The ruling in C.T. v. A.W.T. is non-precedential but instructive nonetheless.  It’s a relocation decision out of Philadelphia County involving a six-year-old child.  The single sex relationship resulting in the birth of S.T. ended in 2014.  In 2018, the parties reached an agreement giving A.W.T. primary physical and C.T. alternate weekends from Friday to Sunday and every Friday overnight to Saturday.

Seven months after the agreed custody order was entered, A.W.T. filed a proposed relocation plan to move to suburban Richmond, Virginia.  C.T. objected and filed a petition to modify the agreed order.  The facts that were developed at hearing were that A.W.T. worked at Verizon, but also assisted women in home childbirth as a doula.  According to A.W.T., to be an accredited doula in this region required a nursing license.  Virginia did not.  There was also reference to a support network, as it appeared that A.W.T. was from that part of Virginia and her employer had indicated that a transfer to Virginia would be approved.

It appears that during A.W.T.’s presentation the trial court decided to make some inquiries of its own about the motivations behind move, prompting the court to stop the testimony and hold that the proposed reasoning for the move was “invalid.”  Specifically, the court held that the primary motivation was for A.W.T. to be with her fiancée.  No other witnesses were heard and no cross-examination was undertaken before the trial court said it was moving on to C.T.’s modification request.  That portion of the hearing was confined to argument of counsel.  The trial judge did ask the parties specific questions during that argument, but neither part actually testified in connection with the counterclaim except to answer the judge’s questions.

The proceedings ended with C.T. securing custody every weekend from Friday afternoon to Monday morning except for the third weekend, which would be A.W.T.’s.  Picking up on A.W.T.’s request to split summers if relocation was granted, the trial court divided summers without approving a relocation.

No Section 5323 analysis of the custody factors was recited at the conclusion of the hearing or in the trial court Opinion.  So, you can tell there was going to be an appeal.  Basis 1: Incomplete hearing.  Basis 2: Failure to provide the Section 5323 analysis.  You can probably surmise the result.

What makes the ruling interesting is that the Superior Court finds that allegations of a due process violation triggers a plenary and de novo review.  Contrast this with the usual custody standard, which is “the broadest type,” but undertaken with an abuse of discretion standard.  The appellate court does not make independent factual determinations in the typical custody case and can reject trial court conclusions only if there is an error of law or unreasonable findings.  The Court cites S.T. v. R.W.  192 A.3d 1155, 1160 (Pa.Super. 2018).  The signal here is that the failure to permit a complete record invites an appeal based upon a more stringent standard of review.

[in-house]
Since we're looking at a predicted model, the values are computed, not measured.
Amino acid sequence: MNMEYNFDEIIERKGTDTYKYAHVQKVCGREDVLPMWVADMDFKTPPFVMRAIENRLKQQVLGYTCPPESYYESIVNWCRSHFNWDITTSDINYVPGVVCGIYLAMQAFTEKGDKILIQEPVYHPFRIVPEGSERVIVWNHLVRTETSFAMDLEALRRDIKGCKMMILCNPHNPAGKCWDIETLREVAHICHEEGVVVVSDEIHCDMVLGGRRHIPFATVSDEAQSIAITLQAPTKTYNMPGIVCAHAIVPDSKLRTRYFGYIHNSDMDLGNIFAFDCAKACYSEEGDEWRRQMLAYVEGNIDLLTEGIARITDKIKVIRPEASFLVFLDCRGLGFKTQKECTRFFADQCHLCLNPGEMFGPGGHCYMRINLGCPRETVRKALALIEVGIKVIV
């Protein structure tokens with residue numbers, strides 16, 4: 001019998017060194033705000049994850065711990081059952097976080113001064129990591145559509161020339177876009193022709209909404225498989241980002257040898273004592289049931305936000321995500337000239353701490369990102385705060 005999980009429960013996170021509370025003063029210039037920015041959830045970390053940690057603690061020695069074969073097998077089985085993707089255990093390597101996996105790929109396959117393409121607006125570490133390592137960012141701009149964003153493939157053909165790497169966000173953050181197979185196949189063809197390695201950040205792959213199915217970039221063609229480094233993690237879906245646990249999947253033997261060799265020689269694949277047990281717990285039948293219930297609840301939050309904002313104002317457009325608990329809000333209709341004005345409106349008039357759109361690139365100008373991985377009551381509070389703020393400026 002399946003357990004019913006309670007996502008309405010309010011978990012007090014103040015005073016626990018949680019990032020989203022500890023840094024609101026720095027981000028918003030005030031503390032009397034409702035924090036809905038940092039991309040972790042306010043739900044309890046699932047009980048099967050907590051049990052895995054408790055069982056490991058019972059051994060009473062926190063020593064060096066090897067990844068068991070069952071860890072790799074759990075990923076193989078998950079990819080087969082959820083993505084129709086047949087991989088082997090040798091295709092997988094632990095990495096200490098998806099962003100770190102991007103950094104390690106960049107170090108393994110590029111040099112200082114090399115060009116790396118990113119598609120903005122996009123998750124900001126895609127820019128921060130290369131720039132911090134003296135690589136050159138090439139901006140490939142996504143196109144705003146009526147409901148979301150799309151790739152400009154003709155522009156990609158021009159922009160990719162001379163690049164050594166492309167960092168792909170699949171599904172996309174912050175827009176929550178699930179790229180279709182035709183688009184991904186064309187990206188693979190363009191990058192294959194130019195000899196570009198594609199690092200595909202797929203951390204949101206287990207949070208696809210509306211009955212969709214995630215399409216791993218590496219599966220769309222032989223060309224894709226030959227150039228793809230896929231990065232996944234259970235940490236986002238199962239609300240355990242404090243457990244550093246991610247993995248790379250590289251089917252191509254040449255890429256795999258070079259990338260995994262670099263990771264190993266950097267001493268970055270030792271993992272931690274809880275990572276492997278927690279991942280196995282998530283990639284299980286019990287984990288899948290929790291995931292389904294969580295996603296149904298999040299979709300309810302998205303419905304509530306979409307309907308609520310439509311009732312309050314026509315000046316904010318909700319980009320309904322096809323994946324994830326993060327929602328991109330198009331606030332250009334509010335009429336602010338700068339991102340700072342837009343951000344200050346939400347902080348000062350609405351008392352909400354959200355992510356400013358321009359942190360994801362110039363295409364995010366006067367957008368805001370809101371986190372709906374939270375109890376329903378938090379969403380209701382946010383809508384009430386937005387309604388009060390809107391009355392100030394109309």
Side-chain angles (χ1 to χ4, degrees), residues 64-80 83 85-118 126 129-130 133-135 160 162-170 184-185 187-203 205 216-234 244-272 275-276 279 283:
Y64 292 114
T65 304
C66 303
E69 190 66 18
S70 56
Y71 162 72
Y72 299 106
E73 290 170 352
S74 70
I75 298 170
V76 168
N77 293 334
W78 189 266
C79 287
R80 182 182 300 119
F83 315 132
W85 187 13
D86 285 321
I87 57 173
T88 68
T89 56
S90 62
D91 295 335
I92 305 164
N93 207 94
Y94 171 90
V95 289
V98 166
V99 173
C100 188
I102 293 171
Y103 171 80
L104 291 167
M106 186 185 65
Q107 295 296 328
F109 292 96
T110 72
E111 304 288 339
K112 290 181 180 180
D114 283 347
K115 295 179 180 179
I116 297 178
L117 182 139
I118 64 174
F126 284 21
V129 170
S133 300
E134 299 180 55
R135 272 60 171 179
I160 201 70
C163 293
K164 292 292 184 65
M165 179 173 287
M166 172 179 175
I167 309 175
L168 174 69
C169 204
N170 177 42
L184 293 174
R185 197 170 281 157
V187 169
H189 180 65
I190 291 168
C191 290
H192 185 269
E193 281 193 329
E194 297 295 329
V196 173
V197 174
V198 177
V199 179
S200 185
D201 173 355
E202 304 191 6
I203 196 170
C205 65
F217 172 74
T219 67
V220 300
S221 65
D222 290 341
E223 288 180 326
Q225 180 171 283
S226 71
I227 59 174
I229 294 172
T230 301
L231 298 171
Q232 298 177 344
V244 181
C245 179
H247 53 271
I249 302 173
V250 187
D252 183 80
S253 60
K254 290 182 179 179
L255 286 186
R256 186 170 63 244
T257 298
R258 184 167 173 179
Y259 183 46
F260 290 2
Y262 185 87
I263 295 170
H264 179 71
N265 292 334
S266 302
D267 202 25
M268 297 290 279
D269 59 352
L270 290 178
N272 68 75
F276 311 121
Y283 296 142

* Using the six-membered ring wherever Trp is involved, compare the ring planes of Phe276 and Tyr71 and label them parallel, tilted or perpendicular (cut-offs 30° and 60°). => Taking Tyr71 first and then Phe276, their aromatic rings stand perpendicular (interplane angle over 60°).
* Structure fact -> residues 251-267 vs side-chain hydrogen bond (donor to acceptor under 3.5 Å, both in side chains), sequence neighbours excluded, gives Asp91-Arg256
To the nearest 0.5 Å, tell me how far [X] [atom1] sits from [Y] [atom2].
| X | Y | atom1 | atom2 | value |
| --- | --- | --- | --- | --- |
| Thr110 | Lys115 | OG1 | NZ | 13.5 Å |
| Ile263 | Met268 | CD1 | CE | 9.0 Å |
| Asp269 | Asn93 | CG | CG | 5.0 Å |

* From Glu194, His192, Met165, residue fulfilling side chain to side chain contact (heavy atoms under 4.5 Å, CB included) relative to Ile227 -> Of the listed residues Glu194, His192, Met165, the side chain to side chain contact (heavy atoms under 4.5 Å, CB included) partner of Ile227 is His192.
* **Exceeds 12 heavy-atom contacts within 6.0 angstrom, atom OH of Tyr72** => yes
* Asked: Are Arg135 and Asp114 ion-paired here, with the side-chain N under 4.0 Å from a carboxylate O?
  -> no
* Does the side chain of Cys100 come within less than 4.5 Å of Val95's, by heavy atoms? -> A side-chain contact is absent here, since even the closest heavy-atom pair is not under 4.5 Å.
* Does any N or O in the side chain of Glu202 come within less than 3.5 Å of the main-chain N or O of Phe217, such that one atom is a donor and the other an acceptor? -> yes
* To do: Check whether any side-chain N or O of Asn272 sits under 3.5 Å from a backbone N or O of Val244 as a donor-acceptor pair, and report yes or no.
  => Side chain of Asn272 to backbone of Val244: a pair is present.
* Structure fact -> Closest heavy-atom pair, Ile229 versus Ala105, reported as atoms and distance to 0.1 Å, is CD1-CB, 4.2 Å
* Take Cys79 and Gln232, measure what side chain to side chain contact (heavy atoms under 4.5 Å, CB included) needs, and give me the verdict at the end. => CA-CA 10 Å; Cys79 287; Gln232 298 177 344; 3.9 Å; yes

The next segment of the Opinion is as one would expect, citing A.M.S. v. M.R.C., 70 A.3d 830,836 (Pa.S. 2013) for the proposition that these cases require an explicit analysis of the 10 relocation factors and the 16 child custody factors.

Then the Opinion bumps into what can best be termed a “procedural enigma” created by the statute.  23 Pa.C.S. 5337(g)(1) states that in relocation cases, the courts are to hold an “expedited full hearing” before the relocation occurs.  We know from the Opinion that the notice of relocation was issued in April 2019.  The hearing on all petitions was on August 20, 2019.  The words “expedited” and “full” are inherently problematic.  As we all know, relocations inevitably come with a fuse suggesting that a decision needs to be made before a new school year begins.  In this case, one of the ostensible benefits of the relocation was that the six-year-old child had professed an interest in animal husbandry and that the Virginia elementary school had a farming program.  The trial judge was not impressed with that argument, nor that “need to leave the crime ridden city” argument in favor of bucolic Virginny.

The other subject, which was explored at trial, was the licensing and employment opportunities of a doula in Pennsylvania vs. Virginia and other states (commonwealths, actually).  This was a very important topic, but how is this to be done on an expedited basis in a world where discovery is only available by court order?

The Superior Court notes that in addition to truncating the hearing, many answers to questions were also cut off by the trial judge.  The ultimate ruling on the record was “She doesn’t have to go to Virginia.”  The Court describes the trial court’s approach as haphazard.  The appeals court also explicitly holds that the classic judicial question, “Is there anything else [before I rule]?” is not a basis to argue “waiver” where the proceedings otherwise demonstrate that the question was posed not sincerely, but as a means to telegraph that the record was closing.

The Order was vacated and the case remanded.  However, because the appeal contained no explicit request for re-assignment of the case, the Court ruled it would be remanded to the same Judge they were reversing.  See Com. v. Whitmore, 912 A.2d  827, 834 (Pa. 2006).